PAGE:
Thursday, August 27, 2009

Sweet Suite...

This weekend, I spoke at length with poet Lamar Wilson about the way he's been moved by Honorée Fanonne Jeffers' third book, Red Clay Suite. Later, while deep in conversation about the past with another sweet, sweet man, I couldn't help hearing the echo of one of my favorite pieces from the book ringing in my ear:

for my mother

This is the end for you two, though he doesn’t see
it or that he’ll be dead in four years,
heart just stopping, but not this day

when he sits in the armchair
which sags under his will, reads a book.
You speak a simple word to him—

we are leaving for good this time—
but I lose what it is,
so quick to be gone.

Something to indicate that we won’t be coming back,
no last chances
like his assuming he can show up at the shelter

or drive further down south
to Grandma’s house to collect us.
Or, I get the moment wrong and he goes down

to the basement first, puts on a record
—Rachmaninoff, loud—
walks upstairs, and then he sits down,

opens up his book, ignores you,
stops, cocks his head in the fine, sensitive
way that I continue to adore, ignores you some more,

tries to find blues in that European music.
A paradox,
but that is my father, kind to strangers,

slapping one of us upside our heads
at home, searching for beauty
in everything except his family

or his own reflection,
not bothering to plead with you
like he has the other times,

I’m sorry, baby.
Don’t go. Please don’t go.

The way a man is supposed to in the best songs.

I want you to toss something hard at him.
I’m scared we will return.
I’m scared we won’t return.

I’m so angry with you and I haven’t yet learned
how much weaker than a girl a woman can be.
How silly I am to assume you are stronger than he.

How arrogant I am to assume you are not.
The point is that I live, you live,
whether my father’s music plays or doesn’t play,

and we are driving off in the truck,
leaving him turning the pages of his book.

What is that word? Forget about it.
We leave him there.
We left.

--Honorée Fanonne Jeffers

The first thing that arrests me here is "the armchair/which sags under his will." This could just be a simple surface image, but since it is clear from the poem's first line that this is the end of a relationship, the final end of whatever was or could have come, the image is indicative of what has been the plight of this man's household. Everything here has been distorted, re-shaped, maybe even broken, "under his will."

Next, this idea of the missing word, some forgotten lexicon, is a subtle push throughout the poem. The speaker can't remember exactly what the final word was or how it was said, but none of this is of any importance. That small detail escapes but the fact is that, regardless of what was spoken, things were different this day in the familiar house. Much like the few words the mother spoke to ensure their leaving, they, too, would be "so quick to be gone" once she'd decided this was the end.

I can't help but imagine the missing lexicon is a piece of the puzzle that might explain the paradox of the man depicted here. He contradicts himself in the speaker's memories--at times he is silent and at other time he finds that pleading works best. Maybe he reads the mother the way he does the books that reappear in his hands. Maybe he plays her the same was he spins a record, dropping the needle gently then leaving it be.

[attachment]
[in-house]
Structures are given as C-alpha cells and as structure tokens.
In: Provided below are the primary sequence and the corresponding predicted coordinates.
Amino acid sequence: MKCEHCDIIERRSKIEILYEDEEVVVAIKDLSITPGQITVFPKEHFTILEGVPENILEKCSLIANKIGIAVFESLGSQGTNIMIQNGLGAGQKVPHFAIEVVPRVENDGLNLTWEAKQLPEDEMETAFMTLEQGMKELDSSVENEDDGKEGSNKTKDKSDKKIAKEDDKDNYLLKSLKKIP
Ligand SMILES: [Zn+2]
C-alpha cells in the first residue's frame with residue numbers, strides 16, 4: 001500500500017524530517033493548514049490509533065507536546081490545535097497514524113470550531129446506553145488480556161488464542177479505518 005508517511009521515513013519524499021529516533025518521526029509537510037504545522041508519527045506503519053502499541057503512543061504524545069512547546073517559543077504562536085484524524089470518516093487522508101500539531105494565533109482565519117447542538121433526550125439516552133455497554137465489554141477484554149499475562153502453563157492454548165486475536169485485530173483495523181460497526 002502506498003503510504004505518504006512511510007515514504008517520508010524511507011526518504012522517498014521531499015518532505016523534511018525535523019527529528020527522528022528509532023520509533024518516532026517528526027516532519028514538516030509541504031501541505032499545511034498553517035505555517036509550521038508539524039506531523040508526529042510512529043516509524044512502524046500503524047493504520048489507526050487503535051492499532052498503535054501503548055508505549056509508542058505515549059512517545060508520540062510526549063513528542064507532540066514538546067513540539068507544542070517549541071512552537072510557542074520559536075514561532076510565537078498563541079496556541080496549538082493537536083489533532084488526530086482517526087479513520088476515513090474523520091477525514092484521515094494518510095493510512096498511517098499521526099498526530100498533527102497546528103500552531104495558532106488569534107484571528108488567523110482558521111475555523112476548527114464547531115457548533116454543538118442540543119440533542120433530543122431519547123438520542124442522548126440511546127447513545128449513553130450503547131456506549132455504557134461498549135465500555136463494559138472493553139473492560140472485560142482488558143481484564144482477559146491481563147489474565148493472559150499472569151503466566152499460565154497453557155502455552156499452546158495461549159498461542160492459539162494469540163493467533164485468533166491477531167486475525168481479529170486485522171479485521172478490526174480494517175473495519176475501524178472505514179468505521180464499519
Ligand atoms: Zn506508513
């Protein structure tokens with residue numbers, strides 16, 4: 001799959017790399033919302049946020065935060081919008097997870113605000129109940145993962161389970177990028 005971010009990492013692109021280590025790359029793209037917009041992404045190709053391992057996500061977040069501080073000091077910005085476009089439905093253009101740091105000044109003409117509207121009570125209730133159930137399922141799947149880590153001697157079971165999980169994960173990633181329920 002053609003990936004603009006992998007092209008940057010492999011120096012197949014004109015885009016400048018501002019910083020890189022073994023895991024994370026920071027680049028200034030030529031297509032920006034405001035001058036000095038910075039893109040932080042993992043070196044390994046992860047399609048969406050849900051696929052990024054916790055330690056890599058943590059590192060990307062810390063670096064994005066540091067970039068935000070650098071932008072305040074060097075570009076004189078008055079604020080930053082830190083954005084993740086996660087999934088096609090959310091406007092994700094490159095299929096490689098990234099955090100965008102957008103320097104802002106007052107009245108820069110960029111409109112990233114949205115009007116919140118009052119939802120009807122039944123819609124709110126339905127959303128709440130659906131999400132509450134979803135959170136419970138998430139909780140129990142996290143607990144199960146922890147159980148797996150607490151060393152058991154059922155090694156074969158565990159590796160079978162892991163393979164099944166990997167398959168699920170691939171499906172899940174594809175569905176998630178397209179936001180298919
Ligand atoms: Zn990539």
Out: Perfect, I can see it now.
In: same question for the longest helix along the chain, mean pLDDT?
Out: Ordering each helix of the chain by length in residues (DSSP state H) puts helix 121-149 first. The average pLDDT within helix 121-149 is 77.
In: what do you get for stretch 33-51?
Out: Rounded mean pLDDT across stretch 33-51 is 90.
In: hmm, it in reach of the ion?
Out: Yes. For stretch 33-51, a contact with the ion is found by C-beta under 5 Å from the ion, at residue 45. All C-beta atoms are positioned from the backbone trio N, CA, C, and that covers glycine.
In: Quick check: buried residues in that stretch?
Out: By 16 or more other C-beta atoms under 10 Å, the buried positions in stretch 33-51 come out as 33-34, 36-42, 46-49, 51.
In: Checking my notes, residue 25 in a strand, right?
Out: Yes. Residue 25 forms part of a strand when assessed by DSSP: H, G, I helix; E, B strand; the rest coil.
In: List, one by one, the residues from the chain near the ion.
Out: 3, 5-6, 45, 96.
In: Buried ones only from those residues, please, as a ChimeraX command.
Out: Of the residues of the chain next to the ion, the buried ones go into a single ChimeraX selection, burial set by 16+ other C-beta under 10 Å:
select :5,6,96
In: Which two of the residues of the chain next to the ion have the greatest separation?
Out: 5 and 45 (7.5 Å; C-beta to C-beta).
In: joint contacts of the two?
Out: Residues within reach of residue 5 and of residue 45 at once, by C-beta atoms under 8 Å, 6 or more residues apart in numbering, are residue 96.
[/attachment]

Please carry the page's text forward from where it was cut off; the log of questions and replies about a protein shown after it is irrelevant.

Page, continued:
The tone of this poem, especially the speaker's longing and regret coupled with fear and admiration, is its most compelling layer. This is the human way--fear a man and love him just the same; watch a woman leave, even get indignant, then beg her back as soon as you think she'll stay. The fact that the speaker loves her father and finds him beautiful even when he is being hurtful, when he "cocks his head in that fine, sensitive/way that I continue to adore, ignores you some more," is the inexplicable part of our selves. It's the accusation and condemnation of oneself just as it is the accusation and condemnation of the father for all his wrong doing. The mother here is condemned too for waiting so long, for being begged back again and again. This is the quiet, difficult work of the poet: to illuminate our simple, awful human beauty and ugliness too.

By the time we reach the poem's last stanza, the speaker still can't recall the word that got them where they are, "driving off in the truck...leaving him turning the pages of his book." But none of that matters. What does matter, however, is that they have broken free of him, despite this twisted love and hate, despite themselves.

Red Clay Suite is poignant, sharp and fierce, must like its author. "Lexicon" is only one gem among the many housed in the book. If you haven't read it, do yourself a favor and pick it up. It's tragic that there are no YouTube clips of Honorée reading, as she is one of the most brilliant and compelling forces I've ever seen on stage. If you're in the Kentucky area, don't miss her at the Kentucky Women Writers Conference next month. The whole line up, in fact, is incredible (you won't want to miss Affrilachian Empress Nikky Finney or Inaugural Poet Elizabeth Alexander, just to name a few).

When I'm trying to piece together the past, I'm always reaching for this kind of vividness and clarity. I think Lamar was right, poems like these help you write your own story. Poets like Honorée help make clear how complex we really are...